The Value of High Performance Energy Recovery System Analysis During the Initial Stages of Design-Development: University of Delaware Star Comet Lab Building Design

Heidi Dugan, Konvekta USA, Inc.
Rick McGinley, Dynamic Air Corporation

The value of High Performance Energy Recovery System Analysis During the Initial Stages of Design-development: University of Delaware Star Comet Lab Building Design

Balancing the higher initial capital requirements of high performance energy recovery systems with the long term benefits of greater annual utility savings is always a challenge. If a comprehensive analysis is done during the initial design stages of a project, energy efficiency can be maximized while at the same time, minimizing first cost.

Benefits to consider include:

  • Reduced peak heating and cooling requirements
  • Potential for additional Utility rebate dollars
  • N+1 redundancy with less total boiler and chiller capacity
  • Potential for reduced central heating and cooling plant footprint
  • Potential of additional LEED credit
  • Reduced Fan Energy requirements due to One Coil Design and the elimination of conventional heating and cooling coils
  • Maximize heat recovery system annual hours of effective operation using Indirect Evaporative Cooling and Dehumidification strategies

The University of Delaware Star Comet Lab Building design upholds the institution's long and distinguished history of research in the areas of energy and the environment. Energy efficiency was a primary consideration in the design and selection of mechanical systems.

As a result of energy recovery system analysis the sustainable and energy efficiency highlights include:

  • 91% of the annual heating energy requirement provided by the energy recovery system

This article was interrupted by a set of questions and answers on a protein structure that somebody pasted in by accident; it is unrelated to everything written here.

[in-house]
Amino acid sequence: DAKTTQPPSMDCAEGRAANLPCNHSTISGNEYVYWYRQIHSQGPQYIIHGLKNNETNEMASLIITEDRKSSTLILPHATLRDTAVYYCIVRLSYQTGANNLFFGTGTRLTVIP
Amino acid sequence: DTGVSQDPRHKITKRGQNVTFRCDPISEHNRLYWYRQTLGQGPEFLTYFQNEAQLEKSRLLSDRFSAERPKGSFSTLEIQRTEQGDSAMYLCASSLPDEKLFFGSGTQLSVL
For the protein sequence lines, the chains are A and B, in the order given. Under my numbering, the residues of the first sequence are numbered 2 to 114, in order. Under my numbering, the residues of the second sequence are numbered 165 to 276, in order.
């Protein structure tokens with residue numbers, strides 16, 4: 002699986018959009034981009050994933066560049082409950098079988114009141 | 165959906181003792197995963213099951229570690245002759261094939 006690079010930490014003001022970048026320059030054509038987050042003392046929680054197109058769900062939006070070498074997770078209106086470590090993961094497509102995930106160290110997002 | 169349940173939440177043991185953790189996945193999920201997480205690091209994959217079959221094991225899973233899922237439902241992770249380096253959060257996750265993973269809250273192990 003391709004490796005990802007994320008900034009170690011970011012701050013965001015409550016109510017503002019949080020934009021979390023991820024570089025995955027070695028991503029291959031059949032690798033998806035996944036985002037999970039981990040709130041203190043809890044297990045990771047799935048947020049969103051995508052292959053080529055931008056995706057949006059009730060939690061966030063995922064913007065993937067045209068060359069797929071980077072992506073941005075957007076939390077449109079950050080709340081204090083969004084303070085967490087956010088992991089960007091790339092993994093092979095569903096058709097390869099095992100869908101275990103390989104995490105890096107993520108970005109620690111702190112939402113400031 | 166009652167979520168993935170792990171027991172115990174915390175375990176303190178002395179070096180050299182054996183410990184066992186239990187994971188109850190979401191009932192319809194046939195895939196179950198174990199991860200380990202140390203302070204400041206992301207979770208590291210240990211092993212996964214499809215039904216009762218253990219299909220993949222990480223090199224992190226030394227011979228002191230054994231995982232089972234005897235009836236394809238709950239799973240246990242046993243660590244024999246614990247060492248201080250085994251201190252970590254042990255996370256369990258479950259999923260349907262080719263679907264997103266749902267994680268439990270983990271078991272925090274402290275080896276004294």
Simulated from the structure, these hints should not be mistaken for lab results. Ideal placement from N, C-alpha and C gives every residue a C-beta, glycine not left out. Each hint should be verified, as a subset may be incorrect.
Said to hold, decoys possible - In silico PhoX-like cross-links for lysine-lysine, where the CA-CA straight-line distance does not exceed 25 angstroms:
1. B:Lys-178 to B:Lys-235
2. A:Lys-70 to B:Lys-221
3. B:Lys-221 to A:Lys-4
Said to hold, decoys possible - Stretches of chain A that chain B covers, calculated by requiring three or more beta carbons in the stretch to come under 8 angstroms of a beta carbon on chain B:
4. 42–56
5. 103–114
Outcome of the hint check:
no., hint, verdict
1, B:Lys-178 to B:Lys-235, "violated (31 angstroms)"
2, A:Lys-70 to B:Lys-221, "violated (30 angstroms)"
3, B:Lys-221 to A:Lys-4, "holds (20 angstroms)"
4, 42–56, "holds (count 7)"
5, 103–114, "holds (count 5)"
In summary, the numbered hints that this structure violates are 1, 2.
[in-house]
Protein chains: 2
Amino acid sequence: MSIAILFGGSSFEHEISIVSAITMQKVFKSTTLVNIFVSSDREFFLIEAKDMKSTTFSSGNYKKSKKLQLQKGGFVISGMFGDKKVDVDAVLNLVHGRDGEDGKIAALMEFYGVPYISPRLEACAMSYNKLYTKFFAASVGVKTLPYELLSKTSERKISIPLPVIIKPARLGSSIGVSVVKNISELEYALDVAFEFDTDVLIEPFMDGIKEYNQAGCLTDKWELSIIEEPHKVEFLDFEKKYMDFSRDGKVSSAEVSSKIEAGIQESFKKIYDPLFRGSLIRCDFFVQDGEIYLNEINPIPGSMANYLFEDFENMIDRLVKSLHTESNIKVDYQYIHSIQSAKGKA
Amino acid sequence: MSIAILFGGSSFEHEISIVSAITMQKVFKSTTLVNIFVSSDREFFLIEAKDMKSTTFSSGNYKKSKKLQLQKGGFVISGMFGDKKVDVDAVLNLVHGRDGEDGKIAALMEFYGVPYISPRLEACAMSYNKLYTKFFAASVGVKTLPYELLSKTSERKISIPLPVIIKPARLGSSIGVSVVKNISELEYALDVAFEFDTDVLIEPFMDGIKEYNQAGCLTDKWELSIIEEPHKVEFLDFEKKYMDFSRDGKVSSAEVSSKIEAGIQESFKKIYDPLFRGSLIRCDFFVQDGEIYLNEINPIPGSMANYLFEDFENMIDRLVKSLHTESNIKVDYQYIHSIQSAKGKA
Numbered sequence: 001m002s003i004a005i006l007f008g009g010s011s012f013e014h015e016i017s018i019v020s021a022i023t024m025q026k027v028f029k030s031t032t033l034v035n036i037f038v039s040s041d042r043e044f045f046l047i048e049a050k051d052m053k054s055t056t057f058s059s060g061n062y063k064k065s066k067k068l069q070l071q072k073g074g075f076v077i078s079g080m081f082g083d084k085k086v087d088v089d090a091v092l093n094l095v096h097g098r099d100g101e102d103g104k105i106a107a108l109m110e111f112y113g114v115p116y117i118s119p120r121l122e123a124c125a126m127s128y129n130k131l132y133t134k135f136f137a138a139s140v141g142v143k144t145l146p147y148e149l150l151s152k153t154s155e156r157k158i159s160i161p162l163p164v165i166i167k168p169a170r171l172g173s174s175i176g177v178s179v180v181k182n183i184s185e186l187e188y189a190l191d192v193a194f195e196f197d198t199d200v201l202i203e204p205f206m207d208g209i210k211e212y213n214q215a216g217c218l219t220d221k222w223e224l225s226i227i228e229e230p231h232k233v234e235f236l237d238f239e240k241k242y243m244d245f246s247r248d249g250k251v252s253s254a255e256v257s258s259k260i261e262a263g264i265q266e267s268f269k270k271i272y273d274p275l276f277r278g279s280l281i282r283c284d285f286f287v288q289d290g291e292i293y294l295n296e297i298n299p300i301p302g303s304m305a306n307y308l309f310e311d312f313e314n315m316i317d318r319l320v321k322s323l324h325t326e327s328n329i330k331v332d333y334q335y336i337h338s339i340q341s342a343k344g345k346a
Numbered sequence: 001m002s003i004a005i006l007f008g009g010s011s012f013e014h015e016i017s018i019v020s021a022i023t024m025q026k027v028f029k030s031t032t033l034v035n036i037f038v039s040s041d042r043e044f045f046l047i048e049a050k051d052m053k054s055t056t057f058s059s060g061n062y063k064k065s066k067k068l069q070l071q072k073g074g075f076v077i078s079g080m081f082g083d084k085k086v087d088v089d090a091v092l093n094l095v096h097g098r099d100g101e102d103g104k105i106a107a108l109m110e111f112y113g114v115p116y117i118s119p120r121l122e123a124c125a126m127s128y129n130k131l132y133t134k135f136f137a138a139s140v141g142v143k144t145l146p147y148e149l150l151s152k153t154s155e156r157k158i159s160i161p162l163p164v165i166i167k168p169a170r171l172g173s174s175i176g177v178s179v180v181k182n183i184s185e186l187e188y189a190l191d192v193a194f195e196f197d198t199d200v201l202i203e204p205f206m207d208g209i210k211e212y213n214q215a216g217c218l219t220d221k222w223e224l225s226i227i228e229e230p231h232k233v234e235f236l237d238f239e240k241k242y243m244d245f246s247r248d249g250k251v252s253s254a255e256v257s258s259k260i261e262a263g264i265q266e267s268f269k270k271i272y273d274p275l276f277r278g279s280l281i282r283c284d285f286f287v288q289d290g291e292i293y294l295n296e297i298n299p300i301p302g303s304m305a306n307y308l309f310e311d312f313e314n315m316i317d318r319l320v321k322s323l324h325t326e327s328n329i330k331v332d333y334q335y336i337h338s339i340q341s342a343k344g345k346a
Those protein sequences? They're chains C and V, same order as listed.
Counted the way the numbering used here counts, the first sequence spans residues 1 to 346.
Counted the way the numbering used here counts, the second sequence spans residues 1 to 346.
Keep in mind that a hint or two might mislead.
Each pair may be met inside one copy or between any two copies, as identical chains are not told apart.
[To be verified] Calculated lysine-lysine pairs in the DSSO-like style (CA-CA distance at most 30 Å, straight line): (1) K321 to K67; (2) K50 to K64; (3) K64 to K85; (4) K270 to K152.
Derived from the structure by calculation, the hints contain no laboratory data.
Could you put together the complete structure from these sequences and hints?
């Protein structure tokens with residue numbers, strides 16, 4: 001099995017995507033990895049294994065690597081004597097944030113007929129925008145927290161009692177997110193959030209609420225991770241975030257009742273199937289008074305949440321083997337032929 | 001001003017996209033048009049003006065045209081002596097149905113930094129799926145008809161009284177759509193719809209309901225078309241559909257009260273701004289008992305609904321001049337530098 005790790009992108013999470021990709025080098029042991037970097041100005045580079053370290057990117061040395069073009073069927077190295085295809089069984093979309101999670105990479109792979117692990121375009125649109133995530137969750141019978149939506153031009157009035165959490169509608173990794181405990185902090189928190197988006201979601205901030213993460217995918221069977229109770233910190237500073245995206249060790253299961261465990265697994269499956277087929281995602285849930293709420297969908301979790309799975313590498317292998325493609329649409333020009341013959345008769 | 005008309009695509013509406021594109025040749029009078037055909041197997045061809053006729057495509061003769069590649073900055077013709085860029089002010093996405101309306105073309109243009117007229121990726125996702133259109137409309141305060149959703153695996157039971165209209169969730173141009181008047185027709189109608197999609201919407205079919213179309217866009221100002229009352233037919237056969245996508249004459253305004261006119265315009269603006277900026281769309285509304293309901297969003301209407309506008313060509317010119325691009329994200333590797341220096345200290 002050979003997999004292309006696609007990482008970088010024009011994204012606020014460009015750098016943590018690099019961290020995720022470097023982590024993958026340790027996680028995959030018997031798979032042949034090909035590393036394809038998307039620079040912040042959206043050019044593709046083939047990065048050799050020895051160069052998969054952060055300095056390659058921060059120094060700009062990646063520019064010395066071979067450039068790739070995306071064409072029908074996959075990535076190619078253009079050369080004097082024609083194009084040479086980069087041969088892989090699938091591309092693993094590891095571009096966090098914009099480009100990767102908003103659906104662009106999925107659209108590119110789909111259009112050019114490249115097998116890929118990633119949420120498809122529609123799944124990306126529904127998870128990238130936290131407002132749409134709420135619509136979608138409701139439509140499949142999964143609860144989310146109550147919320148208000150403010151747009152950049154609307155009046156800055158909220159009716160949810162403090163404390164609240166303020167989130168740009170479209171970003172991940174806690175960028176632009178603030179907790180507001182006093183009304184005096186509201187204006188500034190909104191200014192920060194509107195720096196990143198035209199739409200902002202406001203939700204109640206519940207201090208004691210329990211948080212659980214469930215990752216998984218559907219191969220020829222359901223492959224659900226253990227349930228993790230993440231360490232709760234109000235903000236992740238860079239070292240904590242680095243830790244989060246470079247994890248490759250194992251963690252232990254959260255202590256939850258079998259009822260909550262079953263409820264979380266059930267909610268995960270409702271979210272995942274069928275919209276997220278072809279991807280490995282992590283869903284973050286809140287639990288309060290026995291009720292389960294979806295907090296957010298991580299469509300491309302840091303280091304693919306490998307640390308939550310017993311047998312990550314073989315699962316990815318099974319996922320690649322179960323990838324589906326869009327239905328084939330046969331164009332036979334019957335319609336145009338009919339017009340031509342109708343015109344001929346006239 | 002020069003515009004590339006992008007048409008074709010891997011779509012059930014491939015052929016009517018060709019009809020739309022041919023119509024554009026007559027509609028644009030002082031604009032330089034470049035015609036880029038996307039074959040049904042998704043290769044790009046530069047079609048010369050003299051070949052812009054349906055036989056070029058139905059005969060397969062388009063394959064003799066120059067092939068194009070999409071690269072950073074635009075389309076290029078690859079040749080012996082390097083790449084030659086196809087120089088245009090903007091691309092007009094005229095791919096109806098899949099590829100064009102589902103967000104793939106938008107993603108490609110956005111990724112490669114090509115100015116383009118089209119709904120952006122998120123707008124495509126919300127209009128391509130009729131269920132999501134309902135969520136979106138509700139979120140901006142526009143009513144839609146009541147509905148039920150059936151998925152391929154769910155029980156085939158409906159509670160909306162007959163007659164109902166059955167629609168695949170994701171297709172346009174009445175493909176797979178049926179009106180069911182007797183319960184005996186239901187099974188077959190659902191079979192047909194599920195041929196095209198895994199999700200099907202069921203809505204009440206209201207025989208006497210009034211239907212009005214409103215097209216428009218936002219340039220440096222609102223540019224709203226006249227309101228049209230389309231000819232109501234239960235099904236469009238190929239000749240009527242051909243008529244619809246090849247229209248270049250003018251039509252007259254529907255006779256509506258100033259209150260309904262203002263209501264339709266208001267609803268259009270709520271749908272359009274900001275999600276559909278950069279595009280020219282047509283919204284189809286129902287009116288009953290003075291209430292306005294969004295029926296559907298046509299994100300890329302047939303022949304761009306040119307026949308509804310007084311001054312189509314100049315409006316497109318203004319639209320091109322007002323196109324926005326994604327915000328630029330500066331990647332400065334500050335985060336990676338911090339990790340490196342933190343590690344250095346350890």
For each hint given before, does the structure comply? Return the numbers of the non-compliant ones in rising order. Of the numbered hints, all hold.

• 40% of the annual cooling energy requirement provided by the energy recovery system
  • Over $1 million of costs savings in achieving N+1 heating plant redundancy
  • Reduced heating plant footprint- improved space management
  • Improved heating plant COP due to lower hot water supply temperature requirements and greater temperature differentials associated with energy recovery system

Learning Objectives

  • How can the selection of a high performance energy recovery system result in a lower initial capital costs as compared to a conventional heat recovery system
  • Why is it important to consider energy recovery options early in the design-development process
  • How to increase the total annual hours of effective operation of a heat recovery system when dehumidification is required
  • How a high performance energy recovery systems can help to achieve N+1 redundancy with significantly less heating plant boiler capacity

Biographies:

Heidi Dugan is a Senior VP with Konvekta USA. She holds a Bachelor of Science degree in Environmental Engineering from the Rochester Institute of Technology and has also studied at Harvard Business School and the Fuqua School of Business at Duke University. She has worked in the environmental technology field for more than 25 years with an emphasis in green technologies. When not working, she can be found hiking or relaxing in Rocky Mountains of Colorado.

Rick co-founded DAC Sales in 1991, and has over 30 years of HVAC engineering and sales experience.Rick specializes in air-to-air energy recovery, custom air handling, variable air volume systems, humidification systems and critical environment ventilation equipment. Before starting DAC Sales, Rick worked his way from manager of John Oldach Associates in Portland to the president of Oldach Northeast. He was the president of an energy audit and service company and the Solar Program manager of the Maine Office of Energy Resources.

 

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